FixedOpts = proplists:delete(active, SocketOptions)
             ++ [{active, false}],

    case gen_tcp:listen(Port, FixedOpts) of

        { ok, ListeningSocket } ->
            listen_loop(ActiveStatus, ListeningSocket);

        { error, E } ->
            { error, E }


listen_loop(ActiveStatus, ListeningSocket, Handler) ->

    case gen_tcp:accept(ListeningSocket) of

        { ok, ConnectedSocket } ->
            spawn(?MODULE, shunt, [ActiveStatus,ConnectedSocket,Handler]),
            listen_loop(ActiveStatus, ListeningSocket, Handler);

        { error, E } ->
            { error, E }


shunt(ActiveStatus, ConnectedSocket, Handler) ->

    controlling_process(ConnectedSocket, self()),
    inet:setopts(ConnectedSocket, [{active, ActiveStatus}]),

Making significant strides towards documenting ScUtil

Erlang, Programming, Tools and Libraries 6 Comments

[digg-reddit-me]My erlang library ScUtil has been public at the ScUtil page for some time now.  Recently, I’ve been working on documenting it.  It’s about half documented in its current state.

Here’s the prototype ScUtil documentation.  I’m open to commentary.

Prototype: EEP18 Considered Harmful: The problems with Erlang to JSON term translation

ECMA / Javascript, ECMAScript, Erlang, General Interest, Programming, Rants, Tools and Libraries, Web and Web Standards 5 Comments

THIS IS ONLY HALF WRITTEN.  I have been sitting on this post, waiting for the mood to finish it, for months; because EEP18 is now being treated as a likely implement, I am immediately publishing the half-written version, because it exposes many (though not all) of the serious, irreconcilable problems with EEP18.

On the mailing list, people are actively trying to bring Erlang up to snuff with regards to web standards.  One of the more unfortunate choices being discussed is JSON as a data notation.  JSON, unfortunately, does not actually map to Erlang in a useful way.  Joe Armstrong has gone as far as to suggest BIFs, which are decidedly unrealistic as well as unnecessary.  My goal is to create a JSON handling library.  However, the mailing list is beginning to put momentum behind an alternative proposal which is currently presented in BIF form.

This post explains why my approach is different.  Many of the issues herein are discussed by the tabled EEP (EEP 18, “JSON BIFs” by Rickard O’Keefe), but some are not, and some of these issues are accepted when I believe they should not be.  It is my position that EEP 18 is unacceptably dangerous.  I will explain why.

Read the rest…

Moments, Skewness and Kurtosis (Statistics in Erlang part 8)

Erlang, Math, Programming, Statistics, Tools and Libraries, Tutorials No Comments

[digg-reddit-me]So, it was pointed out to me that I had the central moments, but not the moments – ie, the ones not normalized against the input’s average.  Also, it was pointed out that most people don’t know that kurtosis and skewness are related to the central moments.  Furthermore, it turns out (and I didn’t know this) that there are in fact meaningful uses of floating-point exponents in moments.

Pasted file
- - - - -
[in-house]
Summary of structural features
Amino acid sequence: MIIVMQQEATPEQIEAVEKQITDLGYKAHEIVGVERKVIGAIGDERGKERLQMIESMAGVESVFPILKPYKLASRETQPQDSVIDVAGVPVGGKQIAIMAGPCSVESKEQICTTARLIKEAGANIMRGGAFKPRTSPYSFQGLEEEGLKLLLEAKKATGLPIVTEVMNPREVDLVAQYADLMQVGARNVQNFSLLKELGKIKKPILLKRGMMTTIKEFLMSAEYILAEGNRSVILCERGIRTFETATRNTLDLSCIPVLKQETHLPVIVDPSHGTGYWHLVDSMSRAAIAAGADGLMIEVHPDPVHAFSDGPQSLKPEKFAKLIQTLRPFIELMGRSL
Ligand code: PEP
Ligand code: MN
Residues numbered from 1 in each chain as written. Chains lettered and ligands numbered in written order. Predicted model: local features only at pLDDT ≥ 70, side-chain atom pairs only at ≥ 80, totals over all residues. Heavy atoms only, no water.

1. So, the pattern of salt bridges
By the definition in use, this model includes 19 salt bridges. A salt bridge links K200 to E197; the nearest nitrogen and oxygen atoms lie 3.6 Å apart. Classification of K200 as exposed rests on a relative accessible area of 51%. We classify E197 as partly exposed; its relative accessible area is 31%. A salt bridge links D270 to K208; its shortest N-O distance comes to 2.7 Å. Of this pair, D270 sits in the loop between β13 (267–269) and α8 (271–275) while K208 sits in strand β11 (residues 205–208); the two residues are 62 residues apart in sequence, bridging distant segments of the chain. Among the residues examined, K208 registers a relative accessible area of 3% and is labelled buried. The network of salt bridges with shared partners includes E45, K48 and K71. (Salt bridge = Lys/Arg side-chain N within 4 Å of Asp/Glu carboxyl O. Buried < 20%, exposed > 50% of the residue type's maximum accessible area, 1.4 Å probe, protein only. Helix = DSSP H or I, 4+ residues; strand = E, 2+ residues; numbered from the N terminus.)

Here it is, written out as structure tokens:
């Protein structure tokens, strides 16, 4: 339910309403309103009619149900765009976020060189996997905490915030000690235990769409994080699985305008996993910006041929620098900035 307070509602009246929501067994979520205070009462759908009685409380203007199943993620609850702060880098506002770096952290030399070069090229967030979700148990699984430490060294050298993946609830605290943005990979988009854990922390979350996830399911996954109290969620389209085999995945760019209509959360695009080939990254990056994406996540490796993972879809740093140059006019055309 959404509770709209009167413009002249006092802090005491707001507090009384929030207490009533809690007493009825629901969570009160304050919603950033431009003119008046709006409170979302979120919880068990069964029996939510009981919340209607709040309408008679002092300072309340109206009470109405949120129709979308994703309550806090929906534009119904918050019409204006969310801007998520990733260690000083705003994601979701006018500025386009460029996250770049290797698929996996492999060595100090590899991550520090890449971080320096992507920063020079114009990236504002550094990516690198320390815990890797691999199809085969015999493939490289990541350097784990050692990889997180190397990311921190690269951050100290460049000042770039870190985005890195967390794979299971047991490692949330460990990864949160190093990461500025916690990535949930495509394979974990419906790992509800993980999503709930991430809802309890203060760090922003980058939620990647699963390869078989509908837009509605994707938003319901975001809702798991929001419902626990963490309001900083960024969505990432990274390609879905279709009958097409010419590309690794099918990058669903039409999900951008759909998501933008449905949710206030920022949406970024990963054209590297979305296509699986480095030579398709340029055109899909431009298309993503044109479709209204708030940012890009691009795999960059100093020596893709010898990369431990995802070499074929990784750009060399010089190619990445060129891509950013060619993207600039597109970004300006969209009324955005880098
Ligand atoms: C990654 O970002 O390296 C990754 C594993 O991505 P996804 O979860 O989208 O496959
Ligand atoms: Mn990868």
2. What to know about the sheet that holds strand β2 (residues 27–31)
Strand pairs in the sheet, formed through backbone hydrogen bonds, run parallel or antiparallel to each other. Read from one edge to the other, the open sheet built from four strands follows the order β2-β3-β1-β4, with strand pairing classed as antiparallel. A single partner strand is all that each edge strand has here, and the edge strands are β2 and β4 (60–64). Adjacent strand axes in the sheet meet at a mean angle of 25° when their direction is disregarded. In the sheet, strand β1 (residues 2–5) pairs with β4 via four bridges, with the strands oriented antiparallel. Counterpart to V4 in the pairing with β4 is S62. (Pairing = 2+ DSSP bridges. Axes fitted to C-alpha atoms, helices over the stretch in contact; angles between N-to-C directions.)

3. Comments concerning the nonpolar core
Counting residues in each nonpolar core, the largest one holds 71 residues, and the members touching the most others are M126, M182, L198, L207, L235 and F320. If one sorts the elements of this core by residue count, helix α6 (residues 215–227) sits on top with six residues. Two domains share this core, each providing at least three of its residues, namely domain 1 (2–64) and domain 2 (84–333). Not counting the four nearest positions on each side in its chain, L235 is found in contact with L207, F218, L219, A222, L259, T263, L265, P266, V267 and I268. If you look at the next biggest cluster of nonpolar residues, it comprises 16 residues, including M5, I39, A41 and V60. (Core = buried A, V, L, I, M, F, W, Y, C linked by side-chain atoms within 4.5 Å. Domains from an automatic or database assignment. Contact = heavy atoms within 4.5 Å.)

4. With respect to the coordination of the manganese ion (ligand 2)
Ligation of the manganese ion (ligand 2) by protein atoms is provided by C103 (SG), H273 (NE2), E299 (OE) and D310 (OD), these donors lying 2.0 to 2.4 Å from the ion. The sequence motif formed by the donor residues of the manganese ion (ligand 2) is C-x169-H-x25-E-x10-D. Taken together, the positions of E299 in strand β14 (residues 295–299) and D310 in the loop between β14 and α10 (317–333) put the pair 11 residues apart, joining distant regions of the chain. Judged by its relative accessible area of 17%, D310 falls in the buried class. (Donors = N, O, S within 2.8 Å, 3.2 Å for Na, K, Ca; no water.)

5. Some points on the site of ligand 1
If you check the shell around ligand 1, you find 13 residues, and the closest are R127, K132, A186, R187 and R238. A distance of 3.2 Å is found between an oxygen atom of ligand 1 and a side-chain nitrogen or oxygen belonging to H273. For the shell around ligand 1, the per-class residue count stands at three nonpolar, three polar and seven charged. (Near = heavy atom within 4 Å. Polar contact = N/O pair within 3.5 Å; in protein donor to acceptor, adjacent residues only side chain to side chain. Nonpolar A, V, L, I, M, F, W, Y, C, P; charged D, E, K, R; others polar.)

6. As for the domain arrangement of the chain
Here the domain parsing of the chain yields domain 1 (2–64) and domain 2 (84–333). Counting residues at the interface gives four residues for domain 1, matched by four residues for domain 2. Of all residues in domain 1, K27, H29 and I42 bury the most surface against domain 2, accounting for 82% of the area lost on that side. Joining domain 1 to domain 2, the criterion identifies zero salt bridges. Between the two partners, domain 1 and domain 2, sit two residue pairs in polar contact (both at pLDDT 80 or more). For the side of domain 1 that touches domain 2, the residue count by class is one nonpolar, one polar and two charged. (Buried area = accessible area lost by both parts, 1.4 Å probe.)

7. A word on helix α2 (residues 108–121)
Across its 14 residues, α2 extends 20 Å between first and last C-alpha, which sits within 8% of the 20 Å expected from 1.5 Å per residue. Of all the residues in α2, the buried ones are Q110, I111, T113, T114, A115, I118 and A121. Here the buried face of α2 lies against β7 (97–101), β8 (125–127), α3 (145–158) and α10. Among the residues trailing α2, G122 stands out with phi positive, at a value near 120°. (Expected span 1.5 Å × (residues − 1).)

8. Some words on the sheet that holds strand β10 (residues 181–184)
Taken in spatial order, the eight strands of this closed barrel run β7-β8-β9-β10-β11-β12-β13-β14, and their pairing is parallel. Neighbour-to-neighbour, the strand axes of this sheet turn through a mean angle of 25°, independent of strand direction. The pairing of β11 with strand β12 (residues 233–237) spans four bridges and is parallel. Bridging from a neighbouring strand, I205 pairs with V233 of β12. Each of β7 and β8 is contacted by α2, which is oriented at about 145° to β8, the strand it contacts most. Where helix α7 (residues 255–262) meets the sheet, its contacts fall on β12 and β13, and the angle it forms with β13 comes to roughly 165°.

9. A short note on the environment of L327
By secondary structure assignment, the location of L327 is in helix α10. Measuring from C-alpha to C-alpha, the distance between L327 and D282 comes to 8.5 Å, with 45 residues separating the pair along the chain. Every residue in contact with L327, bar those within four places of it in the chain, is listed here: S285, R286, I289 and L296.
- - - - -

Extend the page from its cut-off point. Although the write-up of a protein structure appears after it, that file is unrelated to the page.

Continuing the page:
So, I implemented moments, I replaced my central moments implementation, and I gave name wrappers for skewness and kurtosis to make them easier to identify.

This closes issues 169, 170, 171, 172 and 173.  As usual, this code is part of the ScUtil library, which is free and MIT licensed, because the GPL is evil.

moment(List, N) when is_list(List), is_number(N) ->
    scutil:arithmetic_mean( [ pow(Item, N) || Item <- List ] ).

moments(List) ->
    moments(List, [2,3,4]).

moments(List, Moments) when is_list(Moments) ->
    [ moment(List, M) || M <- Moments ].

central_moment(List, N) when is_list(List), is_number(N) ->
    ListAMean = scutil:arithmetic_mean(List),
    scutil:arithmetic_mean( [ pow(Item-ListAMean, N) || Item <- List ] ).

central_moments(List) ->
    central_moments(List, [2,3,4]).

central_moments(List, Moments) when is_list(Moments) ->
    [ central_moment(List, M) || M <- Moments ].

skewness(List) -> central_moment(List, 3).
kurtosis(List) -> central_moment(List, 4).

Spearman’s Rank Correlation Coefficient (Statistics in Erlang part 7)

Erlang, Math, Programming, Statistics, Tools and Libraries No Comments

[digg-reddit-me]Spearman’s Rank Correlation Coefficient – usually just called The Spearman Correlation, sometimes Spearman’s Rank or Spearman’s Rho – is a method of determining the similarity between two numeric sets (we also go over the Pearson and the Kendall).  If you don’t know what a correlation is, start with Statistics in Erlang part 5, which covers the basic idea of correlations.  A good math-based explanation is available at David M Lane’s Hyperstat.

In English, for two lists of length N, you take the square of the difference between each matched row in the two lists, sum them, multiply by six, and divide by N cubed minus N.  This provides the rank correlation squared, which is over the interval [-1, 1].  However, with spearman you usually use the rank squared, so we leave it that way instead of providing the root; the tuple’s atom label makes it clear that’s happening.